Of late, we have been discussing the concept of “preventive diplomacy” which has gained some currency for several years but which still remains in a kind of “early development” phase both in terms of what it means and how to fully implement it in practical day-to-day terms.
Experts have talked about winning the “hearts and minds of populations around the globe for decades. Yet today after continued application of this theory, America and it allies have won neither the trust nor the support from many of the world’s most disaffected peoples. Indeed many feel great distrust. Resentment towards the United States has grown rather than diminished in the case of those who say they support “terrorists” emotionally if not via actual participation. This opinion briefly swung in the opposite direction when Obama became president but soon afterward it regressed.
Clearly the problem is not just about perception but results from specific actions and policies undertaken by the U.S. and its allies. That we are losing the public relations “war” is clear. It is also a factor that deep poverty, exacerbated by the global economic crisis has left many at the bottom of the economic ladder to experience extreme desperation and anger. The rich countries not meeting their Millennium Development goals, only exacerbates the problem. But America still has not found its ‘better voice” in speaking to the peoples beyond out border.
I would contend that one fact was the abolition of the semi-independent United States Information Agency (USIA) and its misconceived “integration” into the Department of State. Few would argue that this “integration” enhanced our public diplomacy programs or added support for public diplomacy professionals. We have failed to provide resources or even imagination in telling “our story”. While some new programs were added in the last administration, they were ineffective and viewed as biased. The BBC is more respected for its content and fairness than most of our own efforts. Further we have not made even truly significant additions to existing radio and TV outreach. Some of our expensive programs do not even reach their intended audiences, like our Cuba broadcasts, while others in important regions have been cut back or eliminated entirely.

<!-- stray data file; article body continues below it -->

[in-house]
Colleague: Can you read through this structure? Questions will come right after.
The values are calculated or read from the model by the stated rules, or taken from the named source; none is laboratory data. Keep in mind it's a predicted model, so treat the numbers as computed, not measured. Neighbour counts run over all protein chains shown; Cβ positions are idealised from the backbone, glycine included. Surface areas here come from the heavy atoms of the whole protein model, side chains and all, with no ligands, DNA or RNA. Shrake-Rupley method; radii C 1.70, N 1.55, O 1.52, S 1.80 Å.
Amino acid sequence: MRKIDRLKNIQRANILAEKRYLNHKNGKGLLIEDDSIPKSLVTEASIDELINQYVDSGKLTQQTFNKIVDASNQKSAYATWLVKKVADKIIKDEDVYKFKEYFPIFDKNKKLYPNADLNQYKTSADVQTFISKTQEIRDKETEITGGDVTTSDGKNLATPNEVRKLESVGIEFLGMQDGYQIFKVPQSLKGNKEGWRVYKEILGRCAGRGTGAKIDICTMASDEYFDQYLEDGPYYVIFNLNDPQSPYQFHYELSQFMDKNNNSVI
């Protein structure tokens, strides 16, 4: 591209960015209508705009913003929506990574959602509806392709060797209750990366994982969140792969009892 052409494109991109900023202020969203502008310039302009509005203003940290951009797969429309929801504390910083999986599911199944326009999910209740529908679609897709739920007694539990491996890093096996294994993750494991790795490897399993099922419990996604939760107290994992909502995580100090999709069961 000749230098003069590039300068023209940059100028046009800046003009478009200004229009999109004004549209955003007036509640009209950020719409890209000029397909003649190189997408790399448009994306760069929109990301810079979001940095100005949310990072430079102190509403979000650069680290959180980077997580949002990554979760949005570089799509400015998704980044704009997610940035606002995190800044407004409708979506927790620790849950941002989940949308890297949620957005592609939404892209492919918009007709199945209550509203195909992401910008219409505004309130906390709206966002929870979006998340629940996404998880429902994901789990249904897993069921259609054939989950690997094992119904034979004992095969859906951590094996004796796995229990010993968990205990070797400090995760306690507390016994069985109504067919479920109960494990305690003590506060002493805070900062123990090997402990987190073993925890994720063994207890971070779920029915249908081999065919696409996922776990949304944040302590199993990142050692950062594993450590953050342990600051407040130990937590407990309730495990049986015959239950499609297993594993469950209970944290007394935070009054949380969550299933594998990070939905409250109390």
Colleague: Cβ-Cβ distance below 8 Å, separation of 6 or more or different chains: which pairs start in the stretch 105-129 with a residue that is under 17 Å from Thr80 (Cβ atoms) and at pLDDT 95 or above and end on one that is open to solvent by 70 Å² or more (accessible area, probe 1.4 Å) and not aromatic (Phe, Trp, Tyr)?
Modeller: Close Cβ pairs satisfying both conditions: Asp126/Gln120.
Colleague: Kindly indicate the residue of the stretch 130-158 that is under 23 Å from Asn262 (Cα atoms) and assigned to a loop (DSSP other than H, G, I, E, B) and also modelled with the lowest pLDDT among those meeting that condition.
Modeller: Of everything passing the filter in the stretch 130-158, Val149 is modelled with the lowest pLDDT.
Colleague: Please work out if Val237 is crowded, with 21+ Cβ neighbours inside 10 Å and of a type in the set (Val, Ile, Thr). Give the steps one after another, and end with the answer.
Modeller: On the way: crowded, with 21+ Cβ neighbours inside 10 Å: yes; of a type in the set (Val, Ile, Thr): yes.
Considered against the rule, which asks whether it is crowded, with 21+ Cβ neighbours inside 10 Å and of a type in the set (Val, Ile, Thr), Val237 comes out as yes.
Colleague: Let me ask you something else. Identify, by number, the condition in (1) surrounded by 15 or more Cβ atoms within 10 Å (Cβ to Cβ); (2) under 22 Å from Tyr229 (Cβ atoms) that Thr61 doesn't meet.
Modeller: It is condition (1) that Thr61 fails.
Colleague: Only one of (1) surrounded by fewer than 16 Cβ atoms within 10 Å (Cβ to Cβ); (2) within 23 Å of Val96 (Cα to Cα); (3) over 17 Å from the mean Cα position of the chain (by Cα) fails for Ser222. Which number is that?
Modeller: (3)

Let me be clear on another matter all the electronic and “virtual ” efforts will not work without the “person to person” exchanges, cultural outreach, and interactions that develop long-term understanding and cooperation. Granted this can not be done on the cheap but it is necessary to tell our story and engage those abroad in serious dialogue.
The question then is how do we re-structure our public diplomacy to function as a preventative diplomatic institution, so our efforts are the best that America can offer in terms of culture, information, and person-to-person exchanges? We need to change our micro and macro diplomatic strategies.
If one looks at the attitudes in Pakistan toward America, one can see the failure in one of the most volatile and dangerous places in the world. We spend more money building useless Cold War weapons that will never be used in combat than we do in winning the “hearts and minds” of those who easily fall prey to those that use hate as a weapon against us.
We need to discuss this within Congress, the administration, the media, and the public with a much greater sense of urgency that we have recently shown.